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The Chinese Paperback – April 25, 2002
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From Publishers Weekly
In this ambitious work, Becker, a veteran chronicler of China (Hungry Ghosts: Mao's Secret Famine), explores the impact that a quarter-century of economic reform has had upon the Chinese people. In a wise attempt to avoid generalizationsDall too easy to use when writing of a population of 1.25 billion peopleDBecker reports on how the various sectors of Chinese society have fared. He is after contrast, not continuity, conundrums rather than convenient answers, and he succeeds admirably. While entrepreneurs in China's coastal cities grow wealthy, he explains, millions of peasants in the hinterland remain mired in the deepest poverty. While privileged Communist Party members parlay their positions into lucrative business deals, countless numbers of laid-off state industrial workers fear for the future. Farming communities battle, usually unsuccessfully, against corrupt local officials who are taxing them into ruin; intellectuals battle with themselves over whether to ally with the regime or defy it. And over it all preside the elite few at the very top of the Party, aloof, out of touch, and determined to remain in power by any means necessary. Becker's stories, and the wealth of data and historical references he also provides, support his contention that, while the market may have made China richer, it has not necessarily made it a fairer or more just society; there may be more losers than winners in China's race toward wealth. (Dec. 8)
Copyright 2000 Reed Business Information, Inc. --This text refers to an out of print or unavailable edition of this title.
As most everyone knows, China has the largest population in the world and one of the most ancient cultures. Becker, a journalist currently living in Beijing and the author of Hungry Ghosts: Mao's Secret Famine (1997), which was banned by the Chinese government, delves into the intricacies of the Chinese people. He breaks down the population of 1.25 billion people by using social, ethnic, and economic methods. Beginning with the illiterate peasants who live along the borders of Vietnam, he introduces the reader to people of various statuses from all over that massive country. Becker has spent 20 years touring through China and meeting people in order to understand this vast and mysterious land. His vignettes on government types, shamans, and businessmen join to present a revealing look at China over time. The Chinese is a captivating and enlightening read for anyone interested in Asian or cultural studies. Julia Glynn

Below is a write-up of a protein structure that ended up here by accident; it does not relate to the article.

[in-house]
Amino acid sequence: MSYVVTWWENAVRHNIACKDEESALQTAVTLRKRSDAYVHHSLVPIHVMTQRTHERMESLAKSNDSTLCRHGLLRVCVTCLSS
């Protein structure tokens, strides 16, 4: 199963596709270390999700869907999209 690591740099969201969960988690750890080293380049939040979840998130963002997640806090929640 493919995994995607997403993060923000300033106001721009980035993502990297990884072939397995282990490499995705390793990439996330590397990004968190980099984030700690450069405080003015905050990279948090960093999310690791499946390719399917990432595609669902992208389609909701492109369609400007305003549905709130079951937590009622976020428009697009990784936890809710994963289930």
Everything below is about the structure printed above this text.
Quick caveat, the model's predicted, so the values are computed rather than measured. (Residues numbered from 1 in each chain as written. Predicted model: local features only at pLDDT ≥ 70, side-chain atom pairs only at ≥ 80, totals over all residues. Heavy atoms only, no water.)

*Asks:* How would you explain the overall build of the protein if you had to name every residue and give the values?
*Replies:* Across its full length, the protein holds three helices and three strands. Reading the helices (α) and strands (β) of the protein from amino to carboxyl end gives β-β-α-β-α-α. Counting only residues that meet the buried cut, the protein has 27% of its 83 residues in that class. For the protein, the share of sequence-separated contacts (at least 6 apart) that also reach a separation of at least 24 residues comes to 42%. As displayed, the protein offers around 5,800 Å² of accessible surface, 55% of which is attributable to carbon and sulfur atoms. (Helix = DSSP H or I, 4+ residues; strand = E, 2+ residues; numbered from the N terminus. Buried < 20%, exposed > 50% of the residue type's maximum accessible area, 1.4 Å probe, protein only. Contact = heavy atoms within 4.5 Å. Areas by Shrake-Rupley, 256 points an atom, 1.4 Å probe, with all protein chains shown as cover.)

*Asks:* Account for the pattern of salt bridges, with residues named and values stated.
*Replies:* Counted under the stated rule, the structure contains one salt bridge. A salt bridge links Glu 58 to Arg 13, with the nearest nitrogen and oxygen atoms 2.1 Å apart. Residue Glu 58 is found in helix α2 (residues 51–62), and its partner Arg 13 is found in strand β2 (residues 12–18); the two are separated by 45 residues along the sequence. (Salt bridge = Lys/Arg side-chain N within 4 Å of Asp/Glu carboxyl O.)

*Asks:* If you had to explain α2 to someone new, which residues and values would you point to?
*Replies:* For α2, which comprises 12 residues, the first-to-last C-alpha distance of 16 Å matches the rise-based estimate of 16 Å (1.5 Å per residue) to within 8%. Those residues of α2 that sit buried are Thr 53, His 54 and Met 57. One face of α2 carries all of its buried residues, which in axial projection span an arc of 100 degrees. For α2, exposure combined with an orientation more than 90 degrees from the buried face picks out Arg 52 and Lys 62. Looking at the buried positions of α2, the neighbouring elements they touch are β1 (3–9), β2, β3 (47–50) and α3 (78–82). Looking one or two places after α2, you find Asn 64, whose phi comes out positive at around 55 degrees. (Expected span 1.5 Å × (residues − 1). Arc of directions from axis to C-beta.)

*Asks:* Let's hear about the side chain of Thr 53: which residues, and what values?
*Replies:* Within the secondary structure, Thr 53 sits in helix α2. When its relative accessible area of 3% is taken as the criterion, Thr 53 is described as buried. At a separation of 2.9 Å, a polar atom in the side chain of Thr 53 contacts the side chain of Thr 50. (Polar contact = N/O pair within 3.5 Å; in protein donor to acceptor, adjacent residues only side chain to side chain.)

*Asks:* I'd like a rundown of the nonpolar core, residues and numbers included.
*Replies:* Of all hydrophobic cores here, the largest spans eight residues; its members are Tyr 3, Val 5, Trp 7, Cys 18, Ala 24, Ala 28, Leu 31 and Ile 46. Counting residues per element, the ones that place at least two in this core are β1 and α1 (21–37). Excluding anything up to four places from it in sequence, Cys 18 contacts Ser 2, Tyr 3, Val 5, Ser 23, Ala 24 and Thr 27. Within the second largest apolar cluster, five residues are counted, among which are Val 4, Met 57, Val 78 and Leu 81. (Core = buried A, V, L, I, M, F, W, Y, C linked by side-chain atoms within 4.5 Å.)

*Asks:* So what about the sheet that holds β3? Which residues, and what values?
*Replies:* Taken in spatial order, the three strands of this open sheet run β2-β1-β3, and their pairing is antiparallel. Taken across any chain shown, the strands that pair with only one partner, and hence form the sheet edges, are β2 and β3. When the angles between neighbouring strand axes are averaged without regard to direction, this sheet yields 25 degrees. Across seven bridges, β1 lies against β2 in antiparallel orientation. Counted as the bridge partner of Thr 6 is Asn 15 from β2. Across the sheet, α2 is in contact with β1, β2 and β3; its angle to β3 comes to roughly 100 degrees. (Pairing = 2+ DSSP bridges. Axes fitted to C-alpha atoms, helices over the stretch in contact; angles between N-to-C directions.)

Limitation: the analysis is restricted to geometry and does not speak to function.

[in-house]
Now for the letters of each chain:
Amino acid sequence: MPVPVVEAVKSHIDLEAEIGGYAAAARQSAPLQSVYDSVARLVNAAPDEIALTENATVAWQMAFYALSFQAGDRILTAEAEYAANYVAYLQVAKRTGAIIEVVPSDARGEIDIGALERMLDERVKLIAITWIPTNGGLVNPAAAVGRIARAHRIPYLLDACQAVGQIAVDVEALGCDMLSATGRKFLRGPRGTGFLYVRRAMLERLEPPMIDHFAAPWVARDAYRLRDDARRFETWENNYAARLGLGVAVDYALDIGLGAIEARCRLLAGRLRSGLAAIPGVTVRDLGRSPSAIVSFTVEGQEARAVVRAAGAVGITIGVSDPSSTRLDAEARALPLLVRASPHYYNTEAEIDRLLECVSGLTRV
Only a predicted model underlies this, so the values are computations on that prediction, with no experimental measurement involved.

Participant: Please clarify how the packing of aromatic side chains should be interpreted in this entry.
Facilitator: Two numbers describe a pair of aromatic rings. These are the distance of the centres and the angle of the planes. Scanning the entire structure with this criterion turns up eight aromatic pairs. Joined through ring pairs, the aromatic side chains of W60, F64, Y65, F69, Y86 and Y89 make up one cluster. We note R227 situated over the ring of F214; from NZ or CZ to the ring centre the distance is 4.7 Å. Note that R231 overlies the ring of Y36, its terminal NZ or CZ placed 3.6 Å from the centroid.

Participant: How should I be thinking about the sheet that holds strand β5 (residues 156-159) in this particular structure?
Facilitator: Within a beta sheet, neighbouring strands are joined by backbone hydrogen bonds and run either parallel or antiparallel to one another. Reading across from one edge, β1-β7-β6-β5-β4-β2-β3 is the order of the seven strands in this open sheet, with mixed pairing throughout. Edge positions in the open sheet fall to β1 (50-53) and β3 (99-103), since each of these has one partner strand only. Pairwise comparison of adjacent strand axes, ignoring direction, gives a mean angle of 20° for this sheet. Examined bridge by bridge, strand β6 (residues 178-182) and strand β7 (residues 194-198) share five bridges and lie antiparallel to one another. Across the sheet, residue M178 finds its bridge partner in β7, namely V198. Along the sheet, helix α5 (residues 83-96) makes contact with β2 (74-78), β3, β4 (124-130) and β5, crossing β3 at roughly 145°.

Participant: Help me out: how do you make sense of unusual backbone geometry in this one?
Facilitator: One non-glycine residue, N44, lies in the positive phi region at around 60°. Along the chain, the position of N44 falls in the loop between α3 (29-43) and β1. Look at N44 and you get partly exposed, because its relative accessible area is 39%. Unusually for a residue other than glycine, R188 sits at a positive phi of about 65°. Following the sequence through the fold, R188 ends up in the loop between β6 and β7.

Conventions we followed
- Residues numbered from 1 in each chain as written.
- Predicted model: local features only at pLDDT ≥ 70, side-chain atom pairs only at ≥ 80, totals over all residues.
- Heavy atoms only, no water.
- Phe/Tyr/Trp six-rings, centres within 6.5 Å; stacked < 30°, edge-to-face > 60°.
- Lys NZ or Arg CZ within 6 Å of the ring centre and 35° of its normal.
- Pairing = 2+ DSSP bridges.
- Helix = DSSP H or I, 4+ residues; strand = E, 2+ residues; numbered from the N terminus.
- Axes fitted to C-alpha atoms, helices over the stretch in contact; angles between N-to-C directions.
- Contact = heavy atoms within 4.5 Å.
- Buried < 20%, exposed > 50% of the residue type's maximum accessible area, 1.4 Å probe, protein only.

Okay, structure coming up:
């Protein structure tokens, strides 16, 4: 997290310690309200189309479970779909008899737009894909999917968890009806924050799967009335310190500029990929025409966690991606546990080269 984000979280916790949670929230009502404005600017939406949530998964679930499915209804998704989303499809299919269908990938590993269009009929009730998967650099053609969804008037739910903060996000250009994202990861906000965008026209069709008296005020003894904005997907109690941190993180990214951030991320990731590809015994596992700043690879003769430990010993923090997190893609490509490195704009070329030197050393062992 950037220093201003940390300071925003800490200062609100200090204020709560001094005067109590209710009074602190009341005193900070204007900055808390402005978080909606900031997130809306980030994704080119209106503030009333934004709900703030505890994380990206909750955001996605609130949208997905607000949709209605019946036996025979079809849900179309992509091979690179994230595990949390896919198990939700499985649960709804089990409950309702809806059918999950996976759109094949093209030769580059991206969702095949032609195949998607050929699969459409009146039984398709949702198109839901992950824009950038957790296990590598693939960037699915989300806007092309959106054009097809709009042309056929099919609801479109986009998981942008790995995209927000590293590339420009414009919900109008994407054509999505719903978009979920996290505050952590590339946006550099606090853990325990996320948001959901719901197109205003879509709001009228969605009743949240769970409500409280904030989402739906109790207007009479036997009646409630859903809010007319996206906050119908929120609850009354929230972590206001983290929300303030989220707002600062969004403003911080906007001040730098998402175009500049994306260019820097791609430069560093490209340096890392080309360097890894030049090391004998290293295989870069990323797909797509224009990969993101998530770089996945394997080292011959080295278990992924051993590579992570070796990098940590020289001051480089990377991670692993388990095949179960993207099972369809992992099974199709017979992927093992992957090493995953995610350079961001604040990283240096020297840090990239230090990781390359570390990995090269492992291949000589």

Copyright © American Library Association. All rights reserved --This text refers to an out of print or unavailable edition of this title.
Top customer reviews
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Through a combination of journalistic anecdotes and well-documented research, Becker makes convincing points in each of his descriptions.
All in all, a definite go-to book for all scholars in China-related topics or persons interested in one of the oldest, most successful cultures and states in the world.
In THE CHINESE, Becker dissects the how and why of the modern "people's Republic," which is of course, not a republic, and does little good for the people.
I will preface my review by noting that I speak Mandarin, and lived 17 years in East Asia, including in the PRC and Taiwan, and that I had many interactions with PRC officials at many levels and in many regions.